Tesla pays him just minimum wage, which he refuses to accept, yet somehow Elon Musk managed to make $1 billion more than the next highest compensated U.S. automotive CEO.
Interesting, to say the least.
Musk's salary direct from Tesla is minimum wage, which amounts to basically nothing in the grander scheme for Musk, so how did he end up the highest compensated U.S. automotive CEO?
It's stock options.
As Automotive News states:
"The Tesla Inc. CEO, who usually sits at the bottom of the list because of his penchant for requesting — and refusing to take — California's minimum wage, posted the largest total CEO compensation by a margin of more than a $1 billion. Musk exercised $1.34 billion in stock options set to expire in 2016, according to the Automotive News/Equilar CEO Compensation study."
"His pay increased by 3.6 million percent."
Quite the annual raise there.
Another look at Tesla Model 3 001 - that 'rolled off the line' sometime on Friday/Saturday
Automotive News adds:
"However, Musk's reported total compensation "was not actually received in cash upon these exercises," a Tesla proxy statement said. Musk sold $593 million in stock, which was used "solely in order to pay ... income taxes related to such exercise," according to the proxy."
Musk's pay increase comes mainly from meeting multiple board-set goals. It's all part of a long-term plan set by the board in 2012. Automotive News states:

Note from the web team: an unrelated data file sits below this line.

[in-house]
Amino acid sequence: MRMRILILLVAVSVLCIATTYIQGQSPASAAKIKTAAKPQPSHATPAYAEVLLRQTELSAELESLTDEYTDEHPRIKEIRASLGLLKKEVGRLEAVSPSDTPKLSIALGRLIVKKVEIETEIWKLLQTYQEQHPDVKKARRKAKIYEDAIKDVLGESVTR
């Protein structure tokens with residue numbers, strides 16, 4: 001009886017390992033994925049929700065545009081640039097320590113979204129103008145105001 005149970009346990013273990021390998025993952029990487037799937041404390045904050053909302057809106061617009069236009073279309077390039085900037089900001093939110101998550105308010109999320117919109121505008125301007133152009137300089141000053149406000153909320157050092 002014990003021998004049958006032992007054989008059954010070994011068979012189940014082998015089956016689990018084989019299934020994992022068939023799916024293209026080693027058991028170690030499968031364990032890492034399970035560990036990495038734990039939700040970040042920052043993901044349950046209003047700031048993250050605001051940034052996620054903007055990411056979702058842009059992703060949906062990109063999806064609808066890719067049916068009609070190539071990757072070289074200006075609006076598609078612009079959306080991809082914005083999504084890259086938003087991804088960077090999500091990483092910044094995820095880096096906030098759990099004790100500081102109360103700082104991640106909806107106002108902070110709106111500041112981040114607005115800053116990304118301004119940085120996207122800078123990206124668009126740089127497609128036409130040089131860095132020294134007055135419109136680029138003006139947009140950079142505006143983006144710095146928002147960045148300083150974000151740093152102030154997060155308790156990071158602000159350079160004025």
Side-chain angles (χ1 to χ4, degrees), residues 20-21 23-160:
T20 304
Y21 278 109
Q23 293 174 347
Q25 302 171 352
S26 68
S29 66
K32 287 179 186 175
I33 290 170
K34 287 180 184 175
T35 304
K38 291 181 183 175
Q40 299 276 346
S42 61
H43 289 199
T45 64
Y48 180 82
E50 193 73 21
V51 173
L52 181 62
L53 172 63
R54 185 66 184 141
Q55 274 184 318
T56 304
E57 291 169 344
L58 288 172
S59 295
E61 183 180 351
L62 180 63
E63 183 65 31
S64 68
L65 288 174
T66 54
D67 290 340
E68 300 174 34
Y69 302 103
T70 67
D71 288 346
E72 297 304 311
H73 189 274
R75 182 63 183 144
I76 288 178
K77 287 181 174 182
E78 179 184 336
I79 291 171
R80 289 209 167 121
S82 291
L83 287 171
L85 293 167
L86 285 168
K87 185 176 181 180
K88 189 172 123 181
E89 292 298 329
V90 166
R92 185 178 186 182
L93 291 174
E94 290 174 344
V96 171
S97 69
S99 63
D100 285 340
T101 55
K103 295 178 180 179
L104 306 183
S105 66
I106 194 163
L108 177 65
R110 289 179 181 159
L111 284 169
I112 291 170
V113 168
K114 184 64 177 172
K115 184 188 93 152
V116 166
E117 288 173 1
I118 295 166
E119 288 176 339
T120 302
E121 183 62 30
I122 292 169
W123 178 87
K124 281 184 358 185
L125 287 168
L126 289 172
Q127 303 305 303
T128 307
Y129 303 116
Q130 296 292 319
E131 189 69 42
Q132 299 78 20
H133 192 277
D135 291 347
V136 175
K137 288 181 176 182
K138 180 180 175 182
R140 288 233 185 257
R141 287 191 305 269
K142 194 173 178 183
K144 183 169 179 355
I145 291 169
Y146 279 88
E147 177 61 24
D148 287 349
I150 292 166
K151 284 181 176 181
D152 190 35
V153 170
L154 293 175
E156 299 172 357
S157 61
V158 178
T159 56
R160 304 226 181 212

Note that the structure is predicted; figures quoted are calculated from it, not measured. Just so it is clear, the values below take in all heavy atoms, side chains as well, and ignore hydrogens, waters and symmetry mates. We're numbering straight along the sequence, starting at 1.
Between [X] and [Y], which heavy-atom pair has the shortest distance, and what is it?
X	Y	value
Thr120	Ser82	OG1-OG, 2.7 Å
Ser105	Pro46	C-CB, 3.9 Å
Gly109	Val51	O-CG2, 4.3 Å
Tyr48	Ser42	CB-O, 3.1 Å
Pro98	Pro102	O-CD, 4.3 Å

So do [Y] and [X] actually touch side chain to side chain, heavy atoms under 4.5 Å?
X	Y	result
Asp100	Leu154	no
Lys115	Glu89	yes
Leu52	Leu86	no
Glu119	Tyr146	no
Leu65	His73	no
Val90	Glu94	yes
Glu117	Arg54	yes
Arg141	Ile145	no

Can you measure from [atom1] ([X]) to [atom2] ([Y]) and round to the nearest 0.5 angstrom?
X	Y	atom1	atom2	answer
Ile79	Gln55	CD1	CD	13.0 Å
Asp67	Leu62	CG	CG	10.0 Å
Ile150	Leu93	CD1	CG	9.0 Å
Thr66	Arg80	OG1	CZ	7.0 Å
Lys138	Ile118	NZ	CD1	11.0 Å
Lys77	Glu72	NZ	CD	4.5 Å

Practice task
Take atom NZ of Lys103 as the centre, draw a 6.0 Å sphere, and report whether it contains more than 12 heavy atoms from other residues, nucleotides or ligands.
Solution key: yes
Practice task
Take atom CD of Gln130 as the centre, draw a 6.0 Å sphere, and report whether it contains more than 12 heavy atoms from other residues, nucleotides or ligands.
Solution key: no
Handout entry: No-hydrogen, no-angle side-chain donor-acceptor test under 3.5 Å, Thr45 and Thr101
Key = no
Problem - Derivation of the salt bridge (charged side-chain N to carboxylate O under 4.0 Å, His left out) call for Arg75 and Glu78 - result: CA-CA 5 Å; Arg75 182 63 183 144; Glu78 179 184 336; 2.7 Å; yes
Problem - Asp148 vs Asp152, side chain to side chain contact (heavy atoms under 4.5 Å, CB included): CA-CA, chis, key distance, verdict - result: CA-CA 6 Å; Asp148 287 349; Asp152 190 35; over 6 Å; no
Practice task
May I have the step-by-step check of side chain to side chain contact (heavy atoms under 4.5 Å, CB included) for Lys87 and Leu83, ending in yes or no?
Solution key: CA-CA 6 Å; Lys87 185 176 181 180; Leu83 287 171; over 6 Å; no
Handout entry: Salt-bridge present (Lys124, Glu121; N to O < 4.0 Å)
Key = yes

"Musk exercised options on 6.7 million shares in 2016, averaging about $194 per share in gains for $1.34 billion."
"As of April 20, the date of the proxy filing, Musk had reached eight market capitalization milestones and six operational ones."
Those goals include:
- Model X alpha and beta prototypes
- Model X production
- Model 3 alpha and beta prototypes
- Cumulative production of 100,000 vehicles
Behind Musk's $1.34 billion in compensation and in the number two spot among automotive CEOs was Thomas Lynch of TE Connectivity. He made a paltry $32.1 million. The highest compensated CEO out of the Big 3 was Mark Fields (no longer Ford's CEO) at $16 million. Chump change compared to Musk's $1.34 billion.
Source: Automotive News